With current immunosuppressive protocols, the incidence of graft loss to acute rejection has been markedly reduced; however, there has been no change in graft loss to chronic rejection. Recently, attention has been focused on the prevention and management of chronic rejection. Because neither the clinical course nor the biopsy is definitive for the diagnosis of chronic rejection, we believe both should be included in the definition. For kidney transplant recipients, the major risk factor for development of chronic rejection appears to be a previous acute rejection episode. Other risk factors include low-dose maintenance immunosuppression and previous infection. For extrarenal transplant recipients, CMV and HLA mismatch have been implicated. Noncompliance probably plays a role for all patients. Laboratory studies have suggested that the development of chronic rejection (or lack thereof) may be due to an interplay of immunoregulatory factors. Patients with anti-HLA antibodies have an increased incidence of late graft loss whereas those with antiidiotypic antibodies or with donor-specific hyporesponsiveness (in MLC) have improved outcome and less chronic rejection. These findings have led to five testable hypotheses as to the pathogenesis of chronic rejection: 1) chronic rejection is inadequately treated acute rejection; 2) chronic rejection can be prevented by maintaining adequate long-term immunosuppression; 3) preventing or adequately treating infection will prevent chronic rejection; 4) the balance of immunoregulatory factors determines chronic rejection; 5) chronic rejection is the result of noncompliance. Each may play a role in some patients. Clinical and laboratory studies of risk factors and of the influence of intervention are necessary.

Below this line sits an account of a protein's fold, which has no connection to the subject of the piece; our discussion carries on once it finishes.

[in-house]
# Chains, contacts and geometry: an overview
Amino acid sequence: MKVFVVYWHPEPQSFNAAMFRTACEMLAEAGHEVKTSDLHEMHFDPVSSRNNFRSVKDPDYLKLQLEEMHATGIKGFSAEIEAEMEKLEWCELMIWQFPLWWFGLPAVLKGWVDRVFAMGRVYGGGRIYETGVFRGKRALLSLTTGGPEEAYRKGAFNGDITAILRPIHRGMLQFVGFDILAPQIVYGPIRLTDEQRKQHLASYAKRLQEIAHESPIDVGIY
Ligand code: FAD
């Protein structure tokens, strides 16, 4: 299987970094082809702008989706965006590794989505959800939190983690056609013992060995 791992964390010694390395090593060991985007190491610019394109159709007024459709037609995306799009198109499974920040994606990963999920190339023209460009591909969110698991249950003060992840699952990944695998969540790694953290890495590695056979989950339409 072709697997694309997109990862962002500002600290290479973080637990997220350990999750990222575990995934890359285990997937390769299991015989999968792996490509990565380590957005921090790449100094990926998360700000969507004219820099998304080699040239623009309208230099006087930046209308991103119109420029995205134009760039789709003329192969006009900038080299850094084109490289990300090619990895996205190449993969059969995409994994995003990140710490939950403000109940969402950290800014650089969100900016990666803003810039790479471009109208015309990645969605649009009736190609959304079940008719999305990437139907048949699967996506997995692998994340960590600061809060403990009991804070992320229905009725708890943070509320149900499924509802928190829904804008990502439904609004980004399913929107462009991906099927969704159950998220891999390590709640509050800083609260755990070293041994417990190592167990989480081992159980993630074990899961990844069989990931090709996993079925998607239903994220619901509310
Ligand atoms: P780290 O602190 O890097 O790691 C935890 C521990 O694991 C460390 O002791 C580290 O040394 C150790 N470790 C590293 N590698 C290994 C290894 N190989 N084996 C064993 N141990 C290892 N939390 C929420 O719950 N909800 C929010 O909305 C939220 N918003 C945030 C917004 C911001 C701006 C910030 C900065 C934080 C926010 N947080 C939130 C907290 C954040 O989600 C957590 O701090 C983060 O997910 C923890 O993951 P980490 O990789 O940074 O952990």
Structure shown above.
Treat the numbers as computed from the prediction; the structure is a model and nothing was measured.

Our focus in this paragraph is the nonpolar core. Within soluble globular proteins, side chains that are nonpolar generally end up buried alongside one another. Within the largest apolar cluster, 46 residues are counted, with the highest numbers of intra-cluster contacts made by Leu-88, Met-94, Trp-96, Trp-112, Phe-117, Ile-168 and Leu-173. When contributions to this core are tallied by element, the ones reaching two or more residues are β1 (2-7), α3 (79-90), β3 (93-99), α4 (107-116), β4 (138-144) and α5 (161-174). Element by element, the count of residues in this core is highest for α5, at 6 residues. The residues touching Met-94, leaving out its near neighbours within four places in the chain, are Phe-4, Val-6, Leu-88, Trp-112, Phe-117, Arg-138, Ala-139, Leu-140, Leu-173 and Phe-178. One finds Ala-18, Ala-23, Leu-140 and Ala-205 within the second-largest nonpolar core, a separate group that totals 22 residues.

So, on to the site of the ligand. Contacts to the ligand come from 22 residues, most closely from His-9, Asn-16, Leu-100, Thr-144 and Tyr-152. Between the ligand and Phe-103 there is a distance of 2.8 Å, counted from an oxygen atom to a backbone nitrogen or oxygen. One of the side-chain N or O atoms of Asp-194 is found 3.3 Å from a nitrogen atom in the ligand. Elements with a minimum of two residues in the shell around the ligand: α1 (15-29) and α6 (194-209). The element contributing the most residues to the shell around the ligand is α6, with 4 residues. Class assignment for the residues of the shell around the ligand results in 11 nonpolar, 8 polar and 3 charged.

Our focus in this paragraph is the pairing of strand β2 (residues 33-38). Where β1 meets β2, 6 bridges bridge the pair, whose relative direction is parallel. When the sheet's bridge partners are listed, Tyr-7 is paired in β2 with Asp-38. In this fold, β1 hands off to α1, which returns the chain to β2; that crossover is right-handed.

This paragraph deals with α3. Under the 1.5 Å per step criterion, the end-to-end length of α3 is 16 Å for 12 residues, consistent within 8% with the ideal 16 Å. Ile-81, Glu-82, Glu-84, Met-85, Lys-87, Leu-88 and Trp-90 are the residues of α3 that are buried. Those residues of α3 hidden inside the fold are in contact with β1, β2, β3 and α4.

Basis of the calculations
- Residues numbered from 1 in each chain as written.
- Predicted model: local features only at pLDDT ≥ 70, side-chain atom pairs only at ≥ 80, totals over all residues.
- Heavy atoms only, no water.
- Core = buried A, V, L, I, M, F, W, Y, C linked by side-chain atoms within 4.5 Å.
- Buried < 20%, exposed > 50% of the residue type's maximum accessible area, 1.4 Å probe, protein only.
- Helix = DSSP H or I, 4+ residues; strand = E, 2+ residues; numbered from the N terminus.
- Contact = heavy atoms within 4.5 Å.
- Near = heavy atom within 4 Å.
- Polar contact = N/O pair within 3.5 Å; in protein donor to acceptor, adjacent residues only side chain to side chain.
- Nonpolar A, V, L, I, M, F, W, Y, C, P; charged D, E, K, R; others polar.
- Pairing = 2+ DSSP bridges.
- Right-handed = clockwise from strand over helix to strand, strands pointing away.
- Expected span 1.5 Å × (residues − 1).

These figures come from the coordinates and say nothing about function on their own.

|Original language||English (US)|
|Number of pages||6|
|Issue number||2 II|
|State||Published - Jan 1 1994|
- Chronic rejection